Well-meaning dictator

from Wikipedia, the free encyclopedia

In economics, a well-meaning dictator is the theoretical model of a state which , in the case of a planned economy or in the case of market failure, leads to a Pareto optimum and to maximum benefit for economic operators. The model serves (just like the model of Homo oeconomicus ) exclusively for the abstraction and explanation of elementary economic relationships. A concrete economic, social or state order is not described with this model. For the theory that a dictatorship contributes better to economic development than a market economy , see Development Dictatorship .

Definition and meaning

The well-meaning dictator describes a (fictional) leader who pursues the goal of maximizing the benefits of economic subjects without any self-interest . He is independent of all political influences (representing particular interests), has omnipotence and benevolence and is therefore referred to as a well-meaning dictator. He only acts rationally and has (complete) information, including complete information on the preferences of all economic operators.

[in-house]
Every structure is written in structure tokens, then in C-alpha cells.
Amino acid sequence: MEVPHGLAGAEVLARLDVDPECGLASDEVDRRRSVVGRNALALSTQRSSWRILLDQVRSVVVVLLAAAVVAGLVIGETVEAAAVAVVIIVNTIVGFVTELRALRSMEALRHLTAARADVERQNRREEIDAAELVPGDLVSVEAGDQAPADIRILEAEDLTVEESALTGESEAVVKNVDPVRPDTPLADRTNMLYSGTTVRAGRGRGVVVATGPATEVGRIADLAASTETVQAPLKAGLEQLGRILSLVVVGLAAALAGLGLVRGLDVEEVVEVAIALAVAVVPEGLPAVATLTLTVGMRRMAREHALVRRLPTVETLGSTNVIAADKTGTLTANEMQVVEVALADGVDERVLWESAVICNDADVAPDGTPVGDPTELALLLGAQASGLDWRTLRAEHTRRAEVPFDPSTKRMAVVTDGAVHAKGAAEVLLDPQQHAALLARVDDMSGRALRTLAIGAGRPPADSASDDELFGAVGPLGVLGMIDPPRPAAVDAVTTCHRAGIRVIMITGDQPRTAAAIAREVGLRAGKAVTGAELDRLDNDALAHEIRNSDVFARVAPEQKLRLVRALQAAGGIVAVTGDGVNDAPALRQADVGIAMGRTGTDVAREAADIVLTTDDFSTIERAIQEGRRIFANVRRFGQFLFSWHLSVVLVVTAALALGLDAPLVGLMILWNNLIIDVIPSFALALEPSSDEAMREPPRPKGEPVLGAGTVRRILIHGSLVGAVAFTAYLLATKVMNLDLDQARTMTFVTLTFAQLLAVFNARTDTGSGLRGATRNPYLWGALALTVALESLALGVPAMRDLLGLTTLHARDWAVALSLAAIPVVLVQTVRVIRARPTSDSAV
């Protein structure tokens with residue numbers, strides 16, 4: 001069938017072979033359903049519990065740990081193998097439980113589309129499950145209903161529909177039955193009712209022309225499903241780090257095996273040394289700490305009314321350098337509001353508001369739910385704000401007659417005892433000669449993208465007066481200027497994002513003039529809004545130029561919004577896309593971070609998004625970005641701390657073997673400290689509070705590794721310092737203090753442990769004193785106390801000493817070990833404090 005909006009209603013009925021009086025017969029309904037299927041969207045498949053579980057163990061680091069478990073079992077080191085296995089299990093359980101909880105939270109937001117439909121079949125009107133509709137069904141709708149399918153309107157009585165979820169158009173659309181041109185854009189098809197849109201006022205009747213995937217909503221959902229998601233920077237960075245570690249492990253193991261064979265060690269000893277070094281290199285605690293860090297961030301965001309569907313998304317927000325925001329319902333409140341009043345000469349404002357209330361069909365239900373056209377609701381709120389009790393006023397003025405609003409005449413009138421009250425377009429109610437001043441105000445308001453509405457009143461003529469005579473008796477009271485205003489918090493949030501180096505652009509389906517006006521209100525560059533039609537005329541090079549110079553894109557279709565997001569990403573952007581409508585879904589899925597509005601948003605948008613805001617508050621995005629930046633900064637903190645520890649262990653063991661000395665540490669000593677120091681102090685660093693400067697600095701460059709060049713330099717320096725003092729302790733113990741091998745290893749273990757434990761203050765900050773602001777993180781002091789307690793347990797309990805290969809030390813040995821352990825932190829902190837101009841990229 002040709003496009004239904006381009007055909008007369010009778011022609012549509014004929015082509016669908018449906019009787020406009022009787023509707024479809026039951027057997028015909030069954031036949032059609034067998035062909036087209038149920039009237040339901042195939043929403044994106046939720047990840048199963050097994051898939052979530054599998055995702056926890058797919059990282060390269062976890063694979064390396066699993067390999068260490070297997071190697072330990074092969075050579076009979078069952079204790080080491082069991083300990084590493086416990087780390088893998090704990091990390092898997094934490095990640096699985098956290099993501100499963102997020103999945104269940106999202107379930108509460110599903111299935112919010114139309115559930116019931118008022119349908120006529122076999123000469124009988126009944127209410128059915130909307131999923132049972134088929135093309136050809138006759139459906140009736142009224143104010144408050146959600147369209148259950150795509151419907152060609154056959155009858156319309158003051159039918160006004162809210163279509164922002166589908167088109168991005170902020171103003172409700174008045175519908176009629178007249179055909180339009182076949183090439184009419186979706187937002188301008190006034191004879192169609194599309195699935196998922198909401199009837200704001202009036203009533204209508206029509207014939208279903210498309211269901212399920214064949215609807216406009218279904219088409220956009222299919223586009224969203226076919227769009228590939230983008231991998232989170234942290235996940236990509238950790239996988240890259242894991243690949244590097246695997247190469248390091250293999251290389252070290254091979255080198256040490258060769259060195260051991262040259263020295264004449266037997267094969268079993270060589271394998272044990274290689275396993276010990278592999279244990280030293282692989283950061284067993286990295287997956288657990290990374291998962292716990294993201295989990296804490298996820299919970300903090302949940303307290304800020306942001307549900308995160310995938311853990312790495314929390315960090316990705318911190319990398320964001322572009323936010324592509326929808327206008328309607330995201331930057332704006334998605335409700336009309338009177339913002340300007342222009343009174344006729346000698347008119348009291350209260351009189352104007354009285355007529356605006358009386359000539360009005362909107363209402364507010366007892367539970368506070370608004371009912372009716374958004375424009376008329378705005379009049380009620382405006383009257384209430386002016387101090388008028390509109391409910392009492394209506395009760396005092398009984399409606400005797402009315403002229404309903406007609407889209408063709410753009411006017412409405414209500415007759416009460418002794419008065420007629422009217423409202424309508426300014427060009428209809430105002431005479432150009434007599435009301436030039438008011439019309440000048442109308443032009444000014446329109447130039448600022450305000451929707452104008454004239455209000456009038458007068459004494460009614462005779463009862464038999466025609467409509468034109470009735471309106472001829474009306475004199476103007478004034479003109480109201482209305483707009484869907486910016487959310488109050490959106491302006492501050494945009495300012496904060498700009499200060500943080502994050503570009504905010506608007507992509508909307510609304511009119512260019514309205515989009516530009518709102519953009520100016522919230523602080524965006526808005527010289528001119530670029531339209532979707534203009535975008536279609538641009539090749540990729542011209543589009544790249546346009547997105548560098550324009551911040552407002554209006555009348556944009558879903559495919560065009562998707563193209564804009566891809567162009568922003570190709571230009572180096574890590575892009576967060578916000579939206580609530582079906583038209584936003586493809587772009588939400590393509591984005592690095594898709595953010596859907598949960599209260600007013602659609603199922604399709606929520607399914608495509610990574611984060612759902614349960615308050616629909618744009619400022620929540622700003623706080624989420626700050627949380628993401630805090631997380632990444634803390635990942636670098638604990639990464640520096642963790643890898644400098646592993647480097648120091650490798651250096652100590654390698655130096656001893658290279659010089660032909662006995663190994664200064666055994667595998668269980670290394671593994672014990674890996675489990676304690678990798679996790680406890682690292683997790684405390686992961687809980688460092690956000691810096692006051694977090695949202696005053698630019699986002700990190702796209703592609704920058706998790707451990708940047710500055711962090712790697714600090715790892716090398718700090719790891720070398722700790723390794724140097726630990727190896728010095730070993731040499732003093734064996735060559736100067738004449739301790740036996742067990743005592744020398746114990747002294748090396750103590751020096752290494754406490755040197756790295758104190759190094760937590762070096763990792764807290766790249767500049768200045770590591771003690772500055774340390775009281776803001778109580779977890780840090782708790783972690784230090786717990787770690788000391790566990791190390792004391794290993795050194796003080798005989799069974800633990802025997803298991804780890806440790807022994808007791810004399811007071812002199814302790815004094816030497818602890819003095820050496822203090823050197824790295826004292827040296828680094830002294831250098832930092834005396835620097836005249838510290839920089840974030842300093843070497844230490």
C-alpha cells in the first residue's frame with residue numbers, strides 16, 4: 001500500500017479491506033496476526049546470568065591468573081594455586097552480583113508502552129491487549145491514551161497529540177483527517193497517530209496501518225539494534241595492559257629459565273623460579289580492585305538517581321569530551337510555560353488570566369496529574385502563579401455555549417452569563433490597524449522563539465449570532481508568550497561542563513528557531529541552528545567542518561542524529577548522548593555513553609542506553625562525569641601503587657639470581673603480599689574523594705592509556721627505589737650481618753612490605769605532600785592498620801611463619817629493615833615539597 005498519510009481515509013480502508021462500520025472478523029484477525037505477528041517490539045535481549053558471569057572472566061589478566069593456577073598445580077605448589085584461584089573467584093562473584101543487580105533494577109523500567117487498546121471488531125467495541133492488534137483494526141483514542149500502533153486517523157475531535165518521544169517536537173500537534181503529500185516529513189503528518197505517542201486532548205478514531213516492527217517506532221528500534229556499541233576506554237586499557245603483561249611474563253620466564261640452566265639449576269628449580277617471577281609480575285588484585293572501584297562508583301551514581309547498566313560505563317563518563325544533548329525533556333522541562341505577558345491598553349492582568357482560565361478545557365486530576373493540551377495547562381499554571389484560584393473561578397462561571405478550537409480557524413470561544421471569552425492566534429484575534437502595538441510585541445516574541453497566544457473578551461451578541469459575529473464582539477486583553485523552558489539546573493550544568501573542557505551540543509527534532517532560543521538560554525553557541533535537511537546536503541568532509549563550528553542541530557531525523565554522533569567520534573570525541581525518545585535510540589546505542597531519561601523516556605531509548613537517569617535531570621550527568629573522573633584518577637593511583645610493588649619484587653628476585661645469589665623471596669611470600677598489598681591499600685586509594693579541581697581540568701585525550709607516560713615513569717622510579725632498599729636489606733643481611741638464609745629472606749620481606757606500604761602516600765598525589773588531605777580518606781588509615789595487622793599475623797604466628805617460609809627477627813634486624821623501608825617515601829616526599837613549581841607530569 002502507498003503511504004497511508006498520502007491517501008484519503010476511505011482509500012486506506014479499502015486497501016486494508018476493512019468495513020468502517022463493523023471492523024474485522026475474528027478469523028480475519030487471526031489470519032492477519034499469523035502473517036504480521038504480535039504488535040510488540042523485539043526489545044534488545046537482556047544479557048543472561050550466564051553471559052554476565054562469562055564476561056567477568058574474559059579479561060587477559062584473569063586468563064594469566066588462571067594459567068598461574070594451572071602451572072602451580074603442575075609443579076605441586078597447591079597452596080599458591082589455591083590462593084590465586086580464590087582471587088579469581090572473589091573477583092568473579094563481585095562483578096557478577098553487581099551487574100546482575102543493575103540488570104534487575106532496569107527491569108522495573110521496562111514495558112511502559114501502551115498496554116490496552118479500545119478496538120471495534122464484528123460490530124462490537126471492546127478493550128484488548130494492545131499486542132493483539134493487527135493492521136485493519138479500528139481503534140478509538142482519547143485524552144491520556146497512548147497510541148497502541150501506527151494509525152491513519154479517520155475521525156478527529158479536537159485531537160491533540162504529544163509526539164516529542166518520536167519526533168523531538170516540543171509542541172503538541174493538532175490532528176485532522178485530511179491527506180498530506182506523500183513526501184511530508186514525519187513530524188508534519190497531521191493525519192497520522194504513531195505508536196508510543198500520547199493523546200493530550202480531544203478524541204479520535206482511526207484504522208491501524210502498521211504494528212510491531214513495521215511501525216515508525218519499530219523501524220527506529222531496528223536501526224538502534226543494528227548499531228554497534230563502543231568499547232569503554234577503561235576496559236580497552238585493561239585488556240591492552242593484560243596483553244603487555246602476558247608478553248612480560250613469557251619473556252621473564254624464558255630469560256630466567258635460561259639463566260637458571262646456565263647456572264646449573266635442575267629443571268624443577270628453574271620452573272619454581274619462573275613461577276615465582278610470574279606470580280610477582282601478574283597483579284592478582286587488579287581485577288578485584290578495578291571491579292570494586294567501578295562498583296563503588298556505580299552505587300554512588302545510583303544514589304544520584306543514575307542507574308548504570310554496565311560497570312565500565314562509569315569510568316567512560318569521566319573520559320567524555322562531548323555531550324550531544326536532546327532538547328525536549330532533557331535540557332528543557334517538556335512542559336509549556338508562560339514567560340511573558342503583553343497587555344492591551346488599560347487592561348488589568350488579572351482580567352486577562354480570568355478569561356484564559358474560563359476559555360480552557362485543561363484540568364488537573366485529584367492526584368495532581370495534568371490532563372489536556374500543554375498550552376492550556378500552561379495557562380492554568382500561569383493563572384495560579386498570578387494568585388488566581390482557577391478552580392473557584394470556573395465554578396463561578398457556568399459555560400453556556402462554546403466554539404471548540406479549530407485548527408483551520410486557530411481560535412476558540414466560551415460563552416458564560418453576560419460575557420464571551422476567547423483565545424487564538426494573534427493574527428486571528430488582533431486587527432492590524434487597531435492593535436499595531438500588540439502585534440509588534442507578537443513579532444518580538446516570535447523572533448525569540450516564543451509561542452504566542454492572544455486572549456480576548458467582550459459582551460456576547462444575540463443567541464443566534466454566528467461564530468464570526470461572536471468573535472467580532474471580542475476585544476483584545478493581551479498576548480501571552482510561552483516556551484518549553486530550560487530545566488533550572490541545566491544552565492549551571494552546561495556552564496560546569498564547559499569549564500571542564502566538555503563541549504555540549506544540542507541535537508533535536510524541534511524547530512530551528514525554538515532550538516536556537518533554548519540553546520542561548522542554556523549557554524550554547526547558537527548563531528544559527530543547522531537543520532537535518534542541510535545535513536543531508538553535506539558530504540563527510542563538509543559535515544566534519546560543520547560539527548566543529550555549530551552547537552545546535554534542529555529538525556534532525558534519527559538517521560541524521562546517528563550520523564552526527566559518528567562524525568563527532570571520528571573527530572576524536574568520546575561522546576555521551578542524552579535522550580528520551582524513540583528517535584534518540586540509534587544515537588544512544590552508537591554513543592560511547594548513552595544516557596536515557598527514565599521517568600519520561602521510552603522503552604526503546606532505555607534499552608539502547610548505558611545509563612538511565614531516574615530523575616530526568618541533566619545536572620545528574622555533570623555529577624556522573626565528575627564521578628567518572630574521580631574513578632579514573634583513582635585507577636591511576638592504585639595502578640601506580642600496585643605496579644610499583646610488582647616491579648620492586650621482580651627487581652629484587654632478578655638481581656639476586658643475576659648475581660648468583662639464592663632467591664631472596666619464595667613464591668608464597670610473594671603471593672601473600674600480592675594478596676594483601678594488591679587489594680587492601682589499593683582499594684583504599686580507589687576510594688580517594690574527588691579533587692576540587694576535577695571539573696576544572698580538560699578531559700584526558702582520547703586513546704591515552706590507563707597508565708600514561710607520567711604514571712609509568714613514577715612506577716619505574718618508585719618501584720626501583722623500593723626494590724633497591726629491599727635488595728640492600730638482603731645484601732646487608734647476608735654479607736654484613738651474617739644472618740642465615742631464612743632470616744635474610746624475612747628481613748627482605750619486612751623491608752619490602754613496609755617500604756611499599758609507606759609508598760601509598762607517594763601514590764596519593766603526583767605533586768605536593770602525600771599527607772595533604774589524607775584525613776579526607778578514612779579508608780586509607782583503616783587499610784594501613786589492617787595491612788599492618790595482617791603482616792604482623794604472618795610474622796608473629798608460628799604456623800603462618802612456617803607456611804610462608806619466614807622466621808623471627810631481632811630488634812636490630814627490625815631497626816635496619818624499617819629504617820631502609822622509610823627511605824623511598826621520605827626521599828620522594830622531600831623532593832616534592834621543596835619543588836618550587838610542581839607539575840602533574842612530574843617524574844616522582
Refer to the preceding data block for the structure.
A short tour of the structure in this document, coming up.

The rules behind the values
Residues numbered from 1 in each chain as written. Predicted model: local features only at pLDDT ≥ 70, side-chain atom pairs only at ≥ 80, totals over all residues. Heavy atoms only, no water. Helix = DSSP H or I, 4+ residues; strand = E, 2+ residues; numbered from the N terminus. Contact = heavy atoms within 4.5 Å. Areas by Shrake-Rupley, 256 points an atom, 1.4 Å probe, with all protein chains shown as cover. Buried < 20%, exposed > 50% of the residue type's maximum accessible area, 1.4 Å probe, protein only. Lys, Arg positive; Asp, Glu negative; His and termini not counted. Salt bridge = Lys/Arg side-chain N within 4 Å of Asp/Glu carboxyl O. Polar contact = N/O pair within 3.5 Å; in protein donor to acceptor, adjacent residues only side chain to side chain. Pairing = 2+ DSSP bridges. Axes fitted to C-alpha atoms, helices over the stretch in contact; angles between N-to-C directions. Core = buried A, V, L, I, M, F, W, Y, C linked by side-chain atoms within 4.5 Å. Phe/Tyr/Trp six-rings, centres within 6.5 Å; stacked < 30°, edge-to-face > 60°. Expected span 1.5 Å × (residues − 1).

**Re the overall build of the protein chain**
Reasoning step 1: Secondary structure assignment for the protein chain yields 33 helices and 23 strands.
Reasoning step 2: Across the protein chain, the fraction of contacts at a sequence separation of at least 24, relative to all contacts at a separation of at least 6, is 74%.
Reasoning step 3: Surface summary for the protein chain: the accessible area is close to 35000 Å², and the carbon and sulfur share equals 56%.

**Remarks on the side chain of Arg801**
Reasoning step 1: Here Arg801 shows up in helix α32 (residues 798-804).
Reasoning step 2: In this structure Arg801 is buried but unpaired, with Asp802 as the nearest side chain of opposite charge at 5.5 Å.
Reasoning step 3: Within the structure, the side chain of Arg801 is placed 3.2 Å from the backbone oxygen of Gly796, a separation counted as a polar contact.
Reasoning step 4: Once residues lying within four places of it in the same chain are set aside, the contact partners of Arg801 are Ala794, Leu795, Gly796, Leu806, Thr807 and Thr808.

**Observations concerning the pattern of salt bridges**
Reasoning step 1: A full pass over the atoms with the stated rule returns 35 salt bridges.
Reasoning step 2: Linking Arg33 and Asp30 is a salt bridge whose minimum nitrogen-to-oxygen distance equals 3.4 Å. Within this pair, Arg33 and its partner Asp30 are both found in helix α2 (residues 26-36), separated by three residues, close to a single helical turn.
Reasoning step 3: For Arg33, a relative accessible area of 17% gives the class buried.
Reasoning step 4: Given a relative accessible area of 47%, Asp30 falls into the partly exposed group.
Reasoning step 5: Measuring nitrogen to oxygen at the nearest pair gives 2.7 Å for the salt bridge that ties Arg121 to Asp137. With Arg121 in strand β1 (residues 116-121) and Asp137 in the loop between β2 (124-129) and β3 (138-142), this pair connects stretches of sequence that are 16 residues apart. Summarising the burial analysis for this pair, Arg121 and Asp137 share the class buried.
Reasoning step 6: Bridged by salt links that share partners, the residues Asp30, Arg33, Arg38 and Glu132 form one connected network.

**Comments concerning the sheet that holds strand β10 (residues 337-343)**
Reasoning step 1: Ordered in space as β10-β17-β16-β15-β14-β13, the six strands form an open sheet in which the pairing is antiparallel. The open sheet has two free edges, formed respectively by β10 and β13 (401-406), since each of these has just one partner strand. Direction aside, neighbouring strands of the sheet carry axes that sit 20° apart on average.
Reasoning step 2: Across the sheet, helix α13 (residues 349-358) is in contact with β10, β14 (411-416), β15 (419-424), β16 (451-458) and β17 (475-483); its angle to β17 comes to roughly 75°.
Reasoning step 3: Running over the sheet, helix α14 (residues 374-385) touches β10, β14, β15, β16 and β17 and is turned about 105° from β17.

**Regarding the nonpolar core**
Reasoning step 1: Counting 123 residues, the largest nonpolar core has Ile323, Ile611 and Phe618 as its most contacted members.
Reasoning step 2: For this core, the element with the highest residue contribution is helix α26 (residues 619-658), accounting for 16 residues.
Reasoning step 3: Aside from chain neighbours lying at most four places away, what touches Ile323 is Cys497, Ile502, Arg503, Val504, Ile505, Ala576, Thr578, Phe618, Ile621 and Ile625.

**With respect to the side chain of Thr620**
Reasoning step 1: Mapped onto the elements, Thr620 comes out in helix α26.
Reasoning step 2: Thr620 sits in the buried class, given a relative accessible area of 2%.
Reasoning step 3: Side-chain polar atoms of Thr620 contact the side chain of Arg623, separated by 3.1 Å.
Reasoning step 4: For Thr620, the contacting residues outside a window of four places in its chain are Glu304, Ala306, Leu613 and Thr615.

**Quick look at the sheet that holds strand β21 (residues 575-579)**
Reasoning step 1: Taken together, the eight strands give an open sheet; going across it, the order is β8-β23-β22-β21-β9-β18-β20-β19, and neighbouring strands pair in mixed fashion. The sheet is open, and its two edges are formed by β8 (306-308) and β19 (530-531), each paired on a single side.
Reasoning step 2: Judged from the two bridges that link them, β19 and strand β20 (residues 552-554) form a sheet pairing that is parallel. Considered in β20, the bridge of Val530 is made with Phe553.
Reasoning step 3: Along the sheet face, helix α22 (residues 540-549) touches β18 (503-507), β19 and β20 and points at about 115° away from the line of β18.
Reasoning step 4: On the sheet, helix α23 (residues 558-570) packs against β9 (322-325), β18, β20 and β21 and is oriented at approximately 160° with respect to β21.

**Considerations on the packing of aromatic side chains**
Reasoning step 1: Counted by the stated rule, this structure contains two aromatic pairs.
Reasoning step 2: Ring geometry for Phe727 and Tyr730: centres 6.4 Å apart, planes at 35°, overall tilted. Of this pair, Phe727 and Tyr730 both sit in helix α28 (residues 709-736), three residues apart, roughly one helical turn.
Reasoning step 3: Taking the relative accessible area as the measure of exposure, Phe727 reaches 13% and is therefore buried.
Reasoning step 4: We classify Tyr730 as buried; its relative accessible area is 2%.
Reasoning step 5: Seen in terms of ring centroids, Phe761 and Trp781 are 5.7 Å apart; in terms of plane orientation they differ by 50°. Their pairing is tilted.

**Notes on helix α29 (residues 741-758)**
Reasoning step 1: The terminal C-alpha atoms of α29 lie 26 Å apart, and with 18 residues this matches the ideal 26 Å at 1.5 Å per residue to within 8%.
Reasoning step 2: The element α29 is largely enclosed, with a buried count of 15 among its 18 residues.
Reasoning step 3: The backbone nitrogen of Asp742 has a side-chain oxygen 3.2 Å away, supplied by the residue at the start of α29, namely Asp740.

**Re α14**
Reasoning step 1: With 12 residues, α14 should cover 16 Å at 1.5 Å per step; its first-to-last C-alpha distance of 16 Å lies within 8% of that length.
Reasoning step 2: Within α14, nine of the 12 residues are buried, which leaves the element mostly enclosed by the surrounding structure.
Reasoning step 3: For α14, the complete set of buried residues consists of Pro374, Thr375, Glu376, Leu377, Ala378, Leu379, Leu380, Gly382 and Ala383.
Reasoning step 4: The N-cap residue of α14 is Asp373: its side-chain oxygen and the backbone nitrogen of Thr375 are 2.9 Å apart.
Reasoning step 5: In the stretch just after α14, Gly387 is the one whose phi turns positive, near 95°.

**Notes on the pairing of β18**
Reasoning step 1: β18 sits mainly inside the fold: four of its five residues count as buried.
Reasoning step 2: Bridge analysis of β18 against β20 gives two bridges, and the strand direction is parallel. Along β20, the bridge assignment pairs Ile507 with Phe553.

The essence of using the model is market failure theory . In cases of market failure, it makes sense for the state to take corrective action. Would the state pursue non-economic goals, follow the wishes of interest groups instead of the common good (which should be the normal case in practice) or simply not have the necessary information (where should the state get information about citizens' preferences from?) Would suboptimal effects of the market are replaced by accidental effects of the state. Therefore, ceteris paribus, it is assumed that the state acts as a well-meaning dictator.

New Political Economy

The New Political Economy examines the effects if the state does not behave as a well-meaning dictator.

See also

Individual evidence

  1. Steffen J. Roth: VWL für Einsteiger: An application-oriented introduction , 2nd edition, 2007, ISBN 3825227421 , pp. 133-134